The individuals selected for these teams are selected for their specific knowledge or skills, but they also act as representatives of their respective departments, locations or divisions. The leader or project manager of these types of teams is usually not the everyday manager of most everyday team members. In many cases, these types of teams are brought together to work on a specific issue or problem. Once their benchmarking investigation is complete the team disbands. Ad Hoc Teams. This type of team represents the ultimate in team flexibility.

An ad hoc team consists of any number of employees who share common interests or responsibilities and they also decide that a benchmarking project on some subject is warranted. Usually the ad hoc team defines this subject and continues to function until the project is complete. Through Karlof & Ostblom’s (1995, 69) experience, that are some considerations which may be useful when selecting individuals for a benchmarking team. People directly involved Mixture of qualifications Prior experience of benchmarking Commitment Knowledge of the organization’s own information channels Ability to work independently

Time to work on a project Creative and analytical ability. In a benchmarking team the skills of individuals are combined in a powerful way to create synergy and to solve organizational problems to respond to opportunities. Third, the function of team members of benchmarking is to collect all the data where they need to show the measurement of current process. Other than that they need to do some research which organization can become a potential benchmarking partners. Once selected the best partners, they will be approach. Next, the company will gather all the data from partners.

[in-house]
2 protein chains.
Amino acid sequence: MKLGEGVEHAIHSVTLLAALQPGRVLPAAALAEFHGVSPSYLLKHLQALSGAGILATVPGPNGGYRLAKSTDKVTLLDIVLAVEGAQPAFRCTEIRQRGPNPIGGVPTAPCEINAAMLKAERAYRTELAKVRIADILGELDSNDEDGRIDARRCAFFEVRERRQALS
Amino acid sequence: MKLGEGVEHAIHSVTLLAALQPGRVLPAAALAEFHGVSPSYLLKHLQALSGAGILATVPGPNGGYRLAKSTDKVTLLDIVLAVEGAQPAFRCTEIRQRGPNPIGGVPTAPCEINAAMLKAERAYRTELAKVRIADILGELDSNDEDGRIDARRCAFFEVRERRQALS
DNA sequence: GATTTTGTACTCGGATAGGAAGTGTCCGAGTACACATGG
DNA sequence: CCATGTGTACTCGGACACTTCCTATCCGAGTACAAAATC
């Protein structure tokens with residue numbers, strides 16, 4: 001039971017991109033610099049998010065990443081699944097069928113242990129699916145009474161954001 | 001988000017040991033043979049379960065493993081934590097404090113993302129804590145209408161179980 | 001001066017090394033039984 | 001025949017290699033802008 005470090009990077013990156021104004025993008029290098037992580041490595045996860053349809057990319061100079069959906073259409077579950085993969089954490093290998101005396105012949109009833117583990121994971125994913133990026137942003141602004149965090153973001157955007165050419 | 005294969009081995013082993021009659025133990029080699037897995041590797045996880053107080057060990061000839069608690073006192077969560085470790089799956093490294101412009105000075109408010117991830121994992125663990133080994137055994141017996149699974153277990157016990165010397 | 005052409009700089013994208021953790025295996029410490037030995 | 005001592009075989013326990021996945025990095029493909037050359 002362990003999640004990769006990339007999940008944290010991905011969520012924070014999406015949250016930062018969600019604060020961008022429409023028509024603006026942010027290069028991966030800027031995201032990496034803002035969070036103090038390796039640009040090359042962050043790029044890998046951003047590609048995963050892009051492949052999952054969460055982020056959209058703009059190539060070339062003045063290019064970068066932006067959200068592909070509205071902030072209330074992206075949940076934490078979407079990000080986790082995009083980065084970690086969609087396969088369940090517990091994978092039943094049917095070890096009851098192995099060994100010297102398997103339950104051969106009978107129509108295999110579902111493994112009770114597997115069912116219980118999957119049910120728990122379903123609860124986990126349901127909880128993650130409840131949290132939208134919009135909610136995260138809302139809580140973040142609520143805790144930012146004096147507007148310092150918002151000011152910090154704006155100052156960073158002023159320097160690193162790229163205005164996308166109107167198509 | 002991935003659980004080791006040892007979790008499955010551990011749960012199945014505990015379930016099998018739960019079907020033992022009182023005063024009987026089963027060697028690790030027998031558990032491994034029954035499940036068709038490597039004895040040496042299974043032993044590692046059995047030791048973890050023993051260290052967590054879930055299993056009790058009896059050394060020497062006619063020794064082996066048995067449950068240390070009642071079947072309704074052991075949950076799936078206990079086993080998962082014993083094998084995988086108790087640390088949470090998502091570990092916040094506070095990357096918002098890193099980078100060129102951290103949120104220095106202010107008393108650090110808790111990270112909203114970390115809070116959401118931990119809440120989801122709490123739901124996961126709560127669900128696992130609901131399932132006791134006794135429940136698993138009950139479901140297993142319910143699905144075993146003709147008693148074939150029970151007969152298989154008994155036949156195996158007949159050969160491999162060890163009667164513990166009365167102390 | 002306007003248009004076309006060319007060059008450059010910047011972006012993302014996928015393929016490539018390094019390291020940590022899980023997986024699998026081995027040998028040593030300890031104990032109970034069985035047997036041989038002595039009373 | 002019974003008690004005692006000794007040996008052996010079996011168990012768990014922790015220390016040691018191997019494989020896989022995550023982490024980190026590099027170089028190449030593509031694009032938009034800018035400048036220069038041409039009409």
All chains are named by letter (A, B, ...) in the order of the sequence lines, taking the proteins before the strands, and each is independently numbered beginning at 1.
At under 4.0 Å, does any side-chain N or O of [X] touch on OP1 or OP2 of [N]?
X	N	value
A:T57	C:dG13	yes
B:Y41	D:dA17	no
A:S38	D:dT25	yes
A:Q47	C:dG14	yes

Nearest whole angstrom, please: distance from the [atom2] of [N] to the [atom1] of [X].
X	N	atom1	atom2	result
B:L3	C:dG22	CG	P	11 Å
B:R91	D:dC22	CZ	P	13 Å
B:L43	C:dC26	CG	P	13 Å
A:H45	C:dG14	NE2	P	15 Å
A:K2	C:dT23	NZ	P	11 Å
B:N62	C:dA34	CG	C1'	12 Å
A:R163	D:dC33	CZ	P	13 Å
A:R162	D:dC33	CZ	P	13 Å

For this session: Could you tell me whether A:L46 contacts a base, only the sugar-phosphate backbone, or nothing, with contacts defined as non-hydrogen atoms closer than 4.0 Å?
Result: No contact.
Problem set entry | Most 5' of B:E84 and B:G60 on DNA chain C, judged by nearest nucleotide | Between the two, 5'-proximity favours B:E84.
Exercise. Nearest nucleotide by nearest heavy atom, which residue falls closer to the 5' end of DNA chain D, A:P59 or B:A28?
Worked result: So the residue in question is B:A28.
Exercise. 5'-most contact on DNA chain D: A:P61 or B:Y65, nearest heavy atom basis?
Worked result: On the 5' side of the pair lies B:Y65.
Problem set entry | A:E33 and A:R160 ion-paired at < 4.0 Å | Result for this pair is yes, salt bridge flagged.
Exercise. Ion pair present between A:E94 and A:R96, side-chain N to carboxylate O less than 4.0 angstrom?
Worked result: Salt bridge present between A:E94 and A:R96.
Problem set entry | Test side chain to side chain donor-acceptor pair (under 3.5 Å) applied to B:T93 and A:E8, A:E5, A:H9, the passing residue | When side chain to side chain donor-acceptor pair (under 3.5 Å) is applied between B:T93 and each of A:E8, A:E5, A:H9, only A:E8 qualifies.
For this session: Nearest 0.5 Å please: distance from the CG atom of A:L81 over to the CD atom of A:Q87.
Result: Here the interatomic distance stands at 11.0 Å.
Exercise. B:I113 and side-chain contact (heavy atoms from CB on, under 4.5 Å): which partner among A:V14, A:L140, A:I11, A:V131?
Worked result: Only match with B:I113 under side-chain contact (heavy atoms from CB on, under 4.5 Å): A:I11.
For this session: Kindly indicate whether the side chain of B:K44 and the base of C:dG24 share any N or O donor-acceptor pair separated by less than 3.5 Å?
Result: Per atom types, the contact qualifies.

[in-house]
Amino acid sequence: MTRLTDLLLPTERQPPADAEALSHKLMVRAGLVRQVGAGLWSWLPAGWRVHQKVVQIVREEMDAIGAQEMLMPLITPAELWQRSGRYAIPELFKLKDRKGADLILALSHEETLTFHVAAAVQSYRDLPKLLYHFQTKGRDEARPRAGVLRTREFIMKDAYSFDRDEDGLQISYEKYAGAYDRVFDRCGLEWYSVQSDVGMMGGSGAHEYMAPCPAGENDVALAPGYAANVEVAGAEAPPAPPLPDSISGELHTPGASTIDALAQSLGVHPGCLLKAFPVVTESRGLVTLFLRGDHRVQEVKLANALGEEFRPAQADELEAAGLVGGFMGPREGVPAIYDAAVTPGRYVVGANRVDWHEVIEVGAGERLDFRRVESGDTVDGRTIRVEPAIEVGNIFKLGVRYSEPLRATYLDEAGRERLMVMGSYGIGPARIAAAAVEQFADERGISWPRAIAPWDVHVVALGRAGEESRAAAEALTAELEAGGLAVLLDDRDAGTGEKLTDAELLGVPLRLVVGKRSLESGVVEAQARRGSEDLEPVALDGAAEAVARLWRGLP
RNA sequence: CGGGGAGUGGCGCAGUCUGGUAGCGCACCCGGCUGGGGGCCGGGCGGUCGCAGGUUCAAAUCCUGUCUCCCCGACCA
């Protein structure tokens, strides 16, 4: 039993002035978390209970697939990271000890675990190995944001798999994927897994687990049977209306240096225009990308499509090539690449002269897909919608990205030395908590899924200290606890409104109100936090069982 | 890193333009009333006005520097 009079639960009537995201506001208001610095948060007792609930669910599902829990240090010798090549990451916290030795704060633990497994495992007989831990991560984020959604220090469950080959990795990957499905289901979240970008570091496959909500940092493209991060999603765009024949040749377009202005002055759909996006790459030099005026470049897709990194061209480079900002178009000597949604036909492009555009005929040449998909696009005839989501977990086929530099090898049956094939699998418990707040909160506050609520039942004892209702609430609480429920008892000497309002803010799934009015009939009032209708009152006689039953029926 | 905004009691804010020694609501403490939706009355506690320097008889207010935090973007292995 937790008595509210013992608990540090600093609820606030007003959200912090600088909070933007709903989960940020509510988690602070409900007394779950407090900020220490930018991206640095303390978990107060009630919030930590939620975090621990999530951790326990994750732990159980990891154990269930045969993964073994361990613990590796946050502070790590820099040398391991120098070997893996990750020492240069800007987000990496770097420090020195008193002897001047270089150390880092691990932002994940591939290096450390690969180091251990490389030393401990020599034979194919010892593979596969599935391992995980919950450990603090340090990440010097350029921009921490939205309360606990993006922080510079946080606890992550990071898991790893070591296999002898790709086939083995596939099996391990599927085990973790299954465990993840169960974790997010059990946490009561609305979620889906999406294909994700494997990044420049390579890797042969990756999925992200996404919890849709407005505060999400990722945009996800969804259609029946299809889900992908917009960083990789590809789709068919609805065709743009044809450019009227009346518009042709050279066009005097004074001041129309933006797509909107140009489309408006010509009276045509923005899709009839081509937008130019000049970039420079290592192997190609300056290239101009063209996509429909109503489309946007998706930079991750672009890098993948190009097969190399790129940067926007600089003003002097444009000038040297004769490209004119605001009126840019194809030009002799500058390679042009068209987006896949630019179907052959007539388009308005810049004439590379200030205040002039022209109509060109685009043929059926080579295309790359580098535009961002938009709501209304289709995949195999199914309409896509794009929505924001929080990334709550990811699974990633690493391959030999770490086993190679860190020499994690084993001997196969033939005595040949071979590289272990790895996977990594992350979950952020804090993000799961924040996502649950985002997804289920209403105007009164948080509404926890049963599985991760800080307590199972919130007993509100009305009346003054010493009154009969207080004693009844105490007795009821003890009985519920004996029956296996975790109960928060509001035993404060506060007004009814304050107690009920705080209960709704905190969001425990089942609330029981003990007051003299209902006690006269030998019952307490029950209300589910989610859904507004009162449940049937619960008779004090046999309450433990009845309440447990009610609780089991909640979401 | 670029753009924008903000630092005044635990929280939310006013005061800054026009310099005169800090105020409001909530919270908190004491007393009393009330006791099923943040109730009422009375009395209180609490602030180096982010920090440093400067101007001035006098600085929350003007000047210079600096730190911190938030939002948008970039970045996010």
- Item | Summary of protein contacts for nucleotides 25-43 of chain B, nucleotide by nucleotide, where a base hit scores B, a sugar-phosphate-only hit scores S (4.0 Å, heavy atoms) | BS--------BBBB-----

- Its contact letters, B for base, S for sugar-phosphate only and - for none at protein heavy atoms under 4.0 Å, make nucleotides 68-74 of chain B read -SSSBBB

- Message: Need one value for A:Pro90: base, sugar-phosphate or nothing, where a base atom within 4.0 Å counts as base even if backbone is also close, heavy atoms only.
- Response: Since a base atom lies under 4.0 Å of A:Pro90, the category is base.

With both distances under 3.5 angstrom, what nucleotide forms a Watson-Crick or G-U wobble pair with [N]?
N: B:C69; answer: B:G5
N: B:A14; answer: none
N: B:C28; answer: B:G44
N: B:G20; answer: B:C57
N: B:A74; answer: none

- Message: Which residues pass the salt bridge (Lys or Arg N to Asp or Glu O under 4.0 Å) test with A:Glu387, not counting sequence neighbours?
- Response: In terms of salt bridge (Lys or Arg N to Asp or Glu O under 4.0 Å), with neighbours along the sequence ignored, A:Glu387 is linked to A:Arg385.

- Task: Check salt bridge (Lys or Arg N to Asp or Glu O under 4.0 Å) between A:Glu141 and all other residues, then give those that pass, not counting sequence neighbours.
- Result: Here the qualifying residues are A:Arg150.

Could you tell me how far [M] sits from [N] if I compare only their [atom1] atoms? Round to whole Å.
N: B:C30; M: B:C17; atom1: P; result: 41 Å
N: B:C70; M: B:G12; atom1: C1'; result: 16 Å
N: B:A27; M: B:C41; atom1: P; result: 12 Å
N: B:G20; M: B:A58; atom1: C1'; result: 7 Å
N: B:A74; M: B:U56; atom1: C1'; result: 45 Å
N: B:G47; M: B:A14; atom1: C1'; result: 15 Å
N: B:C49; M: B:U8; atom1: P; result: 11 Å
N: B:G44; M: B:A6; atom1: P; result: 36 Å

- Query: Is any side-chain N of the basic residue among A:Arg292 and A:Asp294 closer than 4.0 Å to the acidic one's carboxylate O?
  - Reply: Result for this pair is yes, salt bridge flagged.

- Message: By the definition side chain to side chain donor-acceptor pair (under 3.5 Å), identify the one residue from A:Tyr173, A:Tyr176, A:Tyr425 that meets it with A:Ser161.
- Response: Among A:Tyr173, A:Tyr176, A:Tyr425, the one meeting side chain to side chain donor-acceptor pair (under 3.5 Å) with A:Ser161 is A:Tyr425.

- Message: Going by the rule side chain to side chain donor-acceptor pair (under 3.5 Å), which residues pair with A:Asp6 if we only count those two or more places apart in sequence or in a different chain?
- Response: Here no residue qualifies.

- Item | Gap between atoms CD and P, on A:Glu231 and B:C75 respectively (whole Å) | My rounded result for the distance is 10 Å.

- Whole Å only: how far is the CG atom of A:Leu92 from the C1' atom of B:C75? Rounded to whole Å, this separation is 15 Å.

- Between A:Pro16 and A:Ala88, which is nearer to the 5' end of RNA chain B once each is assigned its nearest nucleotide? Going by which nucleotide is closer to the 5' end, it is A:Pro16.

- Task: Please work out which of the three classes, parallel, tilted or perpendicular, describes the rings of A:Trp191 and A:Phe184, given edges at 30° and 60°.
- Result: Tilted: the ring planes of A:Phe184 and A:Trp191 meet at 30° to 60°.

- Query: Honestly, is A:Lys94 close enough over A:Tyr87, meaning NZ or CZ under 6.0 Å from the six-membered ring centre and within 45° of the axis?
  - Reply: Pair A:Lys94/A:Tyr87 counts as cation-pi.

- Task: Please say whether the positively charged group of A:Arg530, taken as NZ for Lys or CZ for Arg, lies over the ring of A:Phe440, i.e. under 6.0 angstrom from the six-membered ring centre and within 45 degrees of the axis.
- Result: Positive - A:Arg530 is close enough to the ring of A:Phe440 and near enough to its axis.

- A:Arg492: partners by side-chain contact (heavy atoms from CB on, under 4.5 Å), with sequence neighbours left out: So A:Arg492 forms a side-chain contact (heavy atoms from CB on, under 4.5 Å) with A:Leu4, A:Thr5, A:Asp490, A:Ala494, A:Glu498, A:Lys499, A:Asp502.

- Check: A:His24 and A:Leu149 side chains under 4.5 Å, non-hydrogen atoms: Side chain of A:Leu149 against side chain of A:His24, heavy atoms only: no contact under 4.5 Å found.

According to Innoregio benchmarking, research has identified 7 key characteristics of appropriate performance measures. That are : Need to be directly related to the company strategy Non financial as well as financial measures Vary between locations Need to change over time Need to be simple and easy to use Should provide fast feedback to operators and managers Intended to teach rather than to monitor Fourth, team members should analyze the data that they already collected by comparing all the process done by partners with looking at the gaps of performance of the organization.

Then each of members can take some ideas from it and learned each other. Then, they can come out for the best solutions. Lastly, once the benchmarking team found the solutions, they have to communicate the benchmark findings and gain acceptance to the senior management and employees in order to make an improvement on the present implementation. If it is accepted, the organization has to set new goals, establish new budgets for expected future values on the changing with giving them the relevant trainings. With teamwork and good communication can make them easier to adopt the new procedures of process and responsibility personwill be monitor all the progress. By monitoring, if problem occur on the new levels of performance, problem-solving teams will be investigating. Finally, the benchmarks are re-evaluated and updated according to the performance data. This is to ensure that the organization will meet the performance indicator among other competitors. APPLICATIONS Nowadays, benchmarking is continuously applied among all organizations in the world. For example, based on Innoregio benchmarking, it shows that the benchmarking has started applied in United Kingdom and Europe.